The handling of legal matters within Japan by gaiben is already permitted in Japan. The law applicable is the Gaiben Law. The Gaiben Law was enacted in May 1986 and came into force in April of the following year. The current reforms of July 2003 are the third major reforms to the law and are scheduled to be implemented within 2 years. Under these reforms, [1] gaiben can now employ Japanese lawers (as well as, naturally, being able to employ other gaiben). Further, [2] Japanese lawyers and gaiben are now free to open joint enterprises, with the proviso that, in order to prevent a situation when gaiben use Japanese lawyers to actually handle Japanese law, in relation to [1] above, Article 49 of the revised Gaiben Law prohibits the issuing of instructions in the course of business based on an employment relationship to Japanese lawyers or gaiben employed by the gaiben on handling matters outside the employer gaiben's scope of authority and, in relation to [1] and [2] above, gaiben are prohibited from improper participation in legal activities outside the scope authorized for gaiben that is carried out by employed Japanese lawyers and Japanese lawyers who run joint enterprises. Each of these kinds of reforms expands the activity of gaiben within Japan in the direction of liberalization. The current reforms could be said to have reached a watershed of liberalization. This is the way in which the Japanese economy will join the world and, today, as accounting rules are increasingly aligned with international standards, it is difficult to avoid the liberalization of the legal rules that form the upper structure of those rules in the aim of global conformity. What Japan needs to accelerate is the organization and strengthening of qualifications for lawyers within its borders. This means the creation of Japanese lawyers who are a match for gaiben. However, Japan has only 20,264 lawyers. Can we leave resisting foreign pressure to just this handful of lawyers?

(2)Who are Japan's Lawyers?

From a foreigner's perspective and in particular, from an American perspective, it is not only lawyers who comprise the legal professionals in Japan handling legal matters. In Japan the "legal profession" usually means only 3 kinds of practitioners; lawyers, public prosecutors and judges. The Gaiben Law also applies only to lawyers. In America each state holds its own bar examination and those who pass are generally called "lawyers". Around 50,000 of these lawyers pass the examinations each year and, as at 31 December 2002, there were 1,058,662 lawyers in America. American lawyers are obviously involved in law suits and those with legal qualifications are, it can be generally said, always involved in fields in which law fulfills a major function, including the gamut of internal legal affairs for business and the roles of manager, executives, staff in government bodies (bureaucrat, public servant), member of Congress, Mayor and President. Applying that distribution of lawyers to the state of affairs in Japan it is acceptable to treat the ubiquitous graduate of a law faculty as a "lawyer". American lawyers must pass the examination run by the US Patent and Trademark Office in order to handle the filing of patent applications. In Japan it is patent attorneys who handle patent applications and these patent attorneys must pass a patent attorney's examination, which is separate to the bar examination. Japan's lawyers may act as patent attorneys without passing any examination at all (Lawyer's Law Article 3) and can obtain the qualification of patent attorney by registration (Lawyer's Law Article 7). Whilst there are currently around 300 lawyers registered as patent attorneys, apparently around 40 of these actually handle the filing of patent applications (in America around 20,000 lawyers hold qualifications as patent attorneys). Around 99% of Japan's lawyers are persons with an arts background and this is no doubt because mere registration as a patent attorney does not mean they have the technical skills to handle patent application, which is work in the field of the sciences (although the fields of trademark rights and copyright are also related to an arts background). Further, in Japan there are difficult examinations held for our systems of judicial scriveners, who handle real estate and business registration and licensed tax accountants, who handle tax returns. These fields are also in the province of lawyers in America. Japan's lawyers may, of course, carry on the work of a licensed tax accountant (Lawyer's Law Article 3) and may also, without more training, register as licensed tax accountants (Licensed Tax Accountant's Law Article 3) but must pass the judicial scrivener's examination in order to become judicial scriveners (Judicial Scrivener's Law Article 4).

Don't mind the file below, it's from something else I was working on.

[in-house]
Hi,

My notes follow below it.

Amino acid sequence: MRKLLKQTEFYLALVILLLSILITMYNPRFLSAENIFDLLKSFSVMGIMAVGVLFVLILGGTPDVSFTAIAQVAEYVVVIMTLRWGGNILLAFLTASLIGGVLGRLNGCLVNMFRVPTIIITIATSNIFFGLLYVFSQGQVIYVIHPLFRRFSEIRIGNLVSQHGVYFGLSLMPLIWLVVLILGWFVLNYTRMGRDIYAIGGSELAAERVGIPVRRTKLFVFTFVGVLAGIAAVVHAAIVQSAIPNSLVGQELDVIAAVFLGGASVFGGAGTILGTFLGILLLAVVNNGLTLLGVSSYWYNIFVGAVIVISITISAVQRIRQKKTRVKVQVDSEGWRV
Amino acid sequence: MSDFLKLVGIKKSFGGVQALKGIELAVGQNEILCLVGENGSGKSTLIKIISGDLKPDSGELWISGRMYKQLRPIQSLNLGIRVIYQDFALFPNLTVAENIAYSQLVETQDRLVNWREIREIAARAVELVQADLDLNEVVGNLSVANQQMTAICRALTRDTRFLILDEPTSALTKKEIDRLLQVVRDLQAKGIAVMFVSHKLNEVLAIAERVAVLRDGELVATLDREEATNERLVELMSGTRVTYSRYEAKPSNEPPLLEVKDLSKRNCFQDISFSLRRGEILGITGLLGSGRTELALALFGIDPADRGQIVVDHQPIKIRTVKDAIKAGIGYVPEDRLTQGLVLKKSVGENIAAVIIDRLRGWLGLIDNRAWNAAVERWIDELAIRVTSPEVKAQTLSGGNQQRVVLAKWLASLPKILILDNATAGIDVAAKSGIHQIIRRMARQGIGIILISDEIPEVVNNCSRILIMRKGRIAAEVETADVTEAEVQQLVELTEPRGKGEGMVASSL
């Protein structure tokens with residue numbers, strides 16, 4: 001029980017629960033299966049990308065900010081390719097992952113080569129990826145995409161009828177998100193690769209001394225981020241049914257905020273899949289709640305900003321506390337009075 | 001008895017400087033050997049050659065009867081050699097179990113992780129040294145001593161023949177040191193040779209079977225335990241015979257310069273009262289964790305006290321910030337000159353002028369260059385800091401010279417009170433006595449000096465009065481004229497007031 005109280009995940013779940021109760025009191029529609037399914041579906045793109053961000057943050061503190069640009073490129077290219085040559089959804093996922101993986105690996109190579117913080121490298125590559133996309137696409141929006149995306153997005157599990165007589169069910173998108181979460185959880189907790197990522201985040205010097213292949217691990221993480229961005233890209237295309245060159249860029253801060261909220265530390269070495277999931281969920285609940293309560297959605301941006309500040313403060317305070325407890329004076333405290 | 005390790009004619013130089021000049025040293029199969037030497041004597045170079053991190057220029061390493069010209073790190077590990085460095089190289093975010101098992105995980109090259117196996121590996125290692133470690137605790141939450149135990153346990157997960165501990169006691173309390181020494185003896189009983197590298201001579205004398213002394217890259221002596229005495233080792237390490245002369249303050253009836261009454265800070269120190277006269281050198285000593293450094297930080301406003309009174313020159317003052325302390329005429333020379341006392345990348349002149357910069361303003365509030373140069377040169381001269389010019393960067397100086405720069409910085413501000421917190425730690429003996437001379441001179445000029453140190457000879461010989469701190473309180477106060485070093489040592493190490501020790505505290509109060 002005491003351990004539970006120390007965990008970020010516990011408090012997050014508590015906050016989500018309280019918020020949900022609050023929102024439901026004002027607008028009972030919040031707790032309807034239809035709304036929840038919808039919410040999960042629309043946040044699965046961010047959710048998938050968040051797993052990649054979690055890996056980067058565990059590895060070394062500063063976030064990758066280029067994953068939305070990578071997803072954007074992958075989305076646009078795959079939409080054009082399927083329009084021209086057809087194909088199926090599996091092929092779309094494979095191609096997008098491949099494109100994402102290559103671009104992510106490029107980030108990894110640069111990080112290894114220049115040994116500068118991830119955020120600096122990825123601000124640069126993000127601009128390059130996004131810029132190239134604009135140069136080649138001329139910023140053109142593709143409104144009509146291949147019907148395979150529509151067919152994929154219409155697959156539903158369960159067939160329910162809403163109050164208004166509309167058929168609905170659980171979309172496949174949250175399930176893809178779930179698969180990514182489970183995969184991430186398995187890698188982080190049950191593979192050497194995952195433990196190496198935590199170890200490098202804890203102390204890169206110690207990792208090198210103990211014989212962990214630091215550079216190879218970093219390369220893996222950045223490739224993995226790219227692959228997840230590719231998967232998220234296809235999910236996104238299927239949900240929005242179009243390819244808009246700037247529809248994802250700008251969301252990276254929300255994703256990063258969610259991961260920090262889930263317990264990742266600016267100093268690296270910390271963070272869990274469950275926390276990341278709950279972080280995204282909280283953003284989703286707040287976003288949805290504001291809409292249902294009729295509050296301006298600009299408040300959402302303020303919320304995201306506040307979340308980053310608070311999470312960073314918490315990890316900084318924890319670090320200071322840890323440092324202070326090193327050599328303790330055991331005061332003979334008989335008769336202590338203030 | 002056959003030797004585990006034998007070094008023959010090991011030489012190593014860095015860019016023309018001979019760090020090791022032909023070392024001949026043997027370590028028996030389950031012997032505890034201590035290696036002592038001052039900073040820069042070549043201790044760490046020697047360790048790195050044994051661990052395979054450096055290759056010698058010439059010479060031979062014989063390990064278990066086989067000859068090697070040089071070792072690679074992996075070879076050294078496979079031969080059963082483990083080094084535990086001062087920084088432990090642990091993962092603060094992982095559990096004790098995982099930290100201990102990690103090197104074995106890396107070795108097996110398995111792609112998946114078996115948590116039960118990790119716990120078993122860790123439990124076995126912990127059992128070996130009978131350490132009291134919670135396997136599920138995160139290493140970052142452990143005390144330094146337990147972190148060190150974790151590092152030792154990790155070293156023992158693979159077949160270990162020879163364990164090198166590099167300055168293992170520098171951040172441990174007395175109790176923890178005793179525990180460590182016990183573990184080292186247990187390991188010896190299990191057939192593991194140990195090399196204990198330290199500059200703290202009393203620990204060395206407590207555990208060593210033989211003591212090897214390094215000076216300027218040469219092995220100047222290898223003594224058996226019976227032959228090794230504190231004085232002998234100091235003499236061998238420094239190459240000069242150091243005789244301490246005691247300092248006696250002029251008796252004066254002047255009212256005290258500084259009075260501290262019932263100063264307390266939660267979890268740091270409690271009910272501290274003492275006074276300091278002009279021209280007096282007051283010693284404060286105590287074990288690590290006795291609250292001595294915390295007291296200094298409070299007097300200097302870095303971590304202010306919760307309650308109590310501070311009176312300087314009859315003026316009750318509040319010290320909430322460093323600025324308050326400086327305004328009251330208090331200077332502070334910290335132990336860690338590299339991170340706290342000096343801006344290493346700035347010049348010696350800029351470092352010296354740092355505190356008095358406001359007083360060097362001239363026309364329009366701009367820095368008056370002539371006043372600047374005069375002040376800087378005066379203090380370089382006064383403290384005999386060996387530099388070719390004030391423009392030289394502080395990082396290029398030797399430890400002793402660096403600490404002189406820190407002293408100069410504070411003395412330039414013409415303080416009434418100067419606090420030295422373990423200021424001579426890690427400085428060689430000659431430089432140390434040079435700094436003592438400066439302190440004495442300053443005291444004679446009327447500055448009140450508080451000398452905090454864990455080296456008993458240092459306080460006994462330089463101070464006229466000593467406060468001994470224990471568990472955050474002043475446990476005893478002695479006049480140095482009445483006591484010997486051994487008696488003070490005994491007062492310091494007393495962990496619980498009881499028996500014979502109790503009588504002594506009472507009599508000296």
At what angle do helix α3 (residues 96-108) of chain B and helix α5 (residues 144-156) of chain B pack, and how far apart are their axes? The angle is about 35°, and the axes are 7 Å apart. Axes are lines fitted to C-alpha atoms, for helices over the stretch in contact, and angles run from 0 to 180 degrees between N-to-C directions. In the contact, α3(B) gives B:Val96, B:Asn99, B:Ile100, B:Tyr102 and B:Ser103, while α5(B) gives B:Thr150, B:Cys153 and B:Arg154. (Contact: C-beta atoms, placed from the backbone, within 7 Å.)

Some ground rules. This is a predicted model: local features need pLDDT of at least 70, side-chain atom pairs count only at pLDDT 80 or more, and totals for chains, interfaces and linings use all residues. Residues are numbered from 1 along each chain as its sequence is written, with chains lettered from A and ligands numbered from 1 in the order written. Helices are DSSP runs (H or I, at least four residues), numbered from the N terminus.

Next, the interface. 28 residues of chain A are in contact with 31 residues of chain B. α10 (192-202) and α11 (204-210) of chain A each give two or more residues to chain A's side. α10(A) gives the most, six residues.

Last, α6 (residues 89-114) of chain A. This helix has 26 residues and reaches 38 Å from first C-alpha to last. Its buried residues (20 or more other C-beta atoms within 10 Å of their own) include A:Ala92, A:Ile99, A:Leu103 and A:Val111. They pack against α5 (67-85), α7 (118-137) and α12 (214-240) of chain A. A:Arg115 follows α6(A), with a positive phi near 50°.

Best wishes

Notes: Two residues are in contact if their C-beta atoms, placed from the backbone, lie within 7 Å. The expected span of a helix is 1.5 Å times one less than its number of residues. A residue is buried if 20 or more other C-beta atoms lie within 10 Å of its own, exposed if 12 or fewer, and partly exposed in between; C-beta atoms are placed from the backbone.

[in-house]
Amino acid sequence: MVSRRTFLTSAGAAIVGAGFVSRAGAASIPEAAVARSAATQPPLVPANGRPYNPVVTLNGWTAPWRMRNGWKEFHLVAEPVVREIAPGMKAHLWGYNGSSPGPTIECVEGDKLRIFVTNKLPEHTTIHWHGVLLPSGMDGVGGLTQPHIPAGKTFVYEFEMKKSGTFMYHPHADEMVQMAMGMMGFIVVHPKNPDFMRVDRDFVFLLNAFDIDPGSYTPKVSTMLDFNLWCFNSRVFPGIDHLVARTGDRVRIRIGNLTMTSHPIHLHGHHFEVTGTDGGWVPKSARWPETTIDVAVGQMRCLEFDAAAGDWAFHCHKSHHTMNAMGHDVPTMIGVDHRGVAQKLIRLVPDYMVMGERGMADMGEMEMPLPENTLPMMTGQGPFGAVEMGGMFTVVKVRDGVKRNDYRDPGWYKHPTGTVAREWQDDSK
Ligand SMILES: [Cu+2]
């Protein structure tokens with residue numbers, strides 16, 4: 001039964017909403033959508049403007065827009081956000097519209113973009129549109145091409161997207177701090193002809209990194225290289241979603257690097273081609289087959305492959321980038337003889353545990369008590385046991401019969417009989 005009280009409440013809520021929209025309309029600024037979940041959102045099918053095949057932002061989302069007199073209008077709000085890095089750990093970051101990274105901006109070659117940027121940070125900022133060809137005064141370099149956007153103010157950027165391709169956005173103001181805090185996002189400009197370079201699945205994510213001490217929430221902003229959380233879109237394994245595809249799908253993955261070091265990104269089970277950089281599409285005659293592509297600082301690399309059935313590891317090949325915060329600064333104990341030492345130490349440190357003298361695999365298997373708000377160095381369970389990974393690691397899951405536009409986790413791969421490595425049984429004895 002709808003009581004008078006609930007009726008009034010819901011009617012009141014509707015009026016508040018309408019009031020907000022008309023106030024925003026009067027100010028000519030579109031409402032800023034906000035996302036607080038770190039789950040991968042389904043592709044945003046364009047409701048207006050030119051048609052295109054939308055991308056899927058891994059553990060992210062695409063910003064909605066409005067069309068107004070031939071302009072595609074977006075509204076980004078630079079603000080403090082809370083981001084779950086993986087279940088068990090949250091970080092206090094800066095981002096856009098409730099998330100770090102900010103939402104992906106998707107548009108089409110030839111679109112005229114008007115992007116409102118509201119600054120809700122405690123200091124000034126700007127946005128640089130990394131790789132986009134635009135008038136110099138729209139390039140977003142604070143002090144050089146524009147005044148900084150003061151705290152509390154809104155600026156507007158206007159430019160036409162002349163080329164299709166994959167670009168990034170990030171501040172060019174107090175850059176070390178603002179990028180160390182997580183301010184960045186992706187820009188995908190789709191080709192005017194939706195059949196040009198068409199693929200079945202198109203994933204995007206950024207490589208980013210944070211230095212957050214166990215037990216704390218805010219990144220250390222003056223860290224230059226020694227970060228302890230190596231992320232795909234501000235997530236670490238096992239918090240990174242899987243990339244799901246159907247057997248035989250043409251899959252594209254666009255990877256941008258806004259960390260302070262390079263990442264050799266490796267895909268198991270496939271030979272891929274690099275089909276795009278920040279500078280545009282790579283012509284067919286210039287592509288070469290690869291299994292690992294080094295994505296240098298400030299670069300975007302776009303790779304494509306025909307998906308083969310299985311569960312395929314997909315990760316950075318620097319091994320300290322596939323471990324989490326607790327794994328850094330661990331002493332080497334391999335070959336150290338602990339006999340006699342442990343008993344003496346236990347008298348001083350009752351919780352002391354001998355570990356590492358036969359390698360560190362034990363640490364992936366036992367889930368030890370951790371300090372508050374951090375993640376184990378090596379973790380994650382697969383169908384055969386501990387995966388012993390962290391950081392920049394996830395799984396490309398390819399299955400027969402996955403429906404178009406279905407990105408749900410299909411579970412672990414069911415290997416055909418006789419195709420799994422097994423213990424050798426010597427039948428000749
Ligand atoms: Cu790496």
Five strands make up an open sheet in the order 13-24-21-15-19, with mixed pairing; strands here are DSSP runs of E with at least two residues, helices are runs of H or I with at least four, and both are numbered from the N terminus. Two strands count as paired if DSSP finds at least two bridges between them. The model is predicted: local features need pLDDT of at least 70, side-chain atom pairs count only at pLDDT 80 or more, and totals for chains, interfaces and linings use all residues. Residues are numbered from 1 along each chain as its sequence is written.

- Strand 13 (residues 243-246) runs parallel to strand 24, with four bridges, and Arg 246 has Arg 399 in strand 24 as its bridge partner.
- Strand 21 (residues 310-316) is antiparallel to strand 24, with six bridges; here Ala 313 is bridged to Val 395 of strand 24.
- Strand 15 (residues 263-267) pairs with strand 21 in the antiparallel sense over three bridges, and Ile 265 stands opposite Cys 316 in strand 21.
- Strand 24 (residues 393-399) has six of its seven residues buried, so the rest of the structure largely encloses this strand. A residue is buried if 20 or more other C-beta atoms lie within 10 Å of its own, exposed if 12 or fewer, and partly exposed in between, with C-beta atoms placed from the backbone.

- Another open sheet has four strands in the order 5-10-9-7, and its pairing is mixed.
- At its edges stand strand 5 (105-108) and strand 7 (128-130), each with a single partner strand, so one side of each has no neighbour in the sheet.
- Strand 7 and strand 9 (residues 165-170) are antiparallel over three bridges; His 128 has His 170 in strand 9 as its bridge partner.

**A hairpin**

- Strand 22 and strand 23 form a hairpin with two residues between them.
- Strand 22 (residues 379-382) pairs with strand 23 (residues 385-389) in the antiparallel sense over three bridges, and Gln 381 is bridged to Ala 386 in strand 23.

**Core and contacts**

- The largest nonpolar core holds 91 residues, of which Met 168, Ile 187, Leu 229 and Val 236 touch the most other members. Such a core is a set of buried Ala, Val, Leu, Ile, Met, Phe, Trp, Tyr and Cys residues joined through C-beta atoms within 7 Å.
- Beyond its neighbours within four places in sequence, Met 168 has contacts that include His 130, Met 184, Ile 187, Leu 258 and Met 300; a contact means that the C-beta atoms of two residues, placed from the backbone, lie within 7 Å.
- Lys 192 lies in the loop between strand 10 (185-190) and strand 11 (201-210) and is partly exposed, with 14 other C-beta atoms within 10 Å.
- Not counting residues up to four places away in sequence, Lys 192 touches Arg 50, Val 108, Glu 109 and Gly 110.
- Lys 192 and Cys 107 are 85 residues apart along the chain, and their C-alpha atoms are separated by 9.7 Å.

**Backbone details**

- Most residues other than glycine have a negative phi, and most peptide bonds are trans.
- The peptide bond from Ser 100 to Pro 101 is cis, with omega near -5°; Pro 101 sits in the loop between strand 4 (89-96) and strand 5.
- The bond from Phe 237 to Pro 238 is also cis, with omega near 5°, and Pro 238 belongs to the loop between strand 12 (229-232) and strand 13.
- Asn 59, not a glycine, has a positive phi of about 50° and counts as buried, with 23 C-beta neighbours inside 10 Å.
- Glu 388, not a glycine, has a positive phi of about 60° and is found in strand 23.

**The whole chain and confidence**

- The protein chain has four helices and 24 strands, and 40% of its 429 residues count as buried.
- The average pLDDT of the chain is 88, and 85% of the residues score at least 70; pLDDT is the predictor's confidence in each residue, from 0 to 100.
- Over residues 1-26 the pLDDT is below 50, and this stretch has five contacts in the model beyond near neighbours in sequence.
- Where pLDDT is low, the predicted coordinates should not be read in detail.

(3)Judicial Scriveners, Patent Attorneys and Licensed Tax Accountants _ Achieving Entry into Trial Work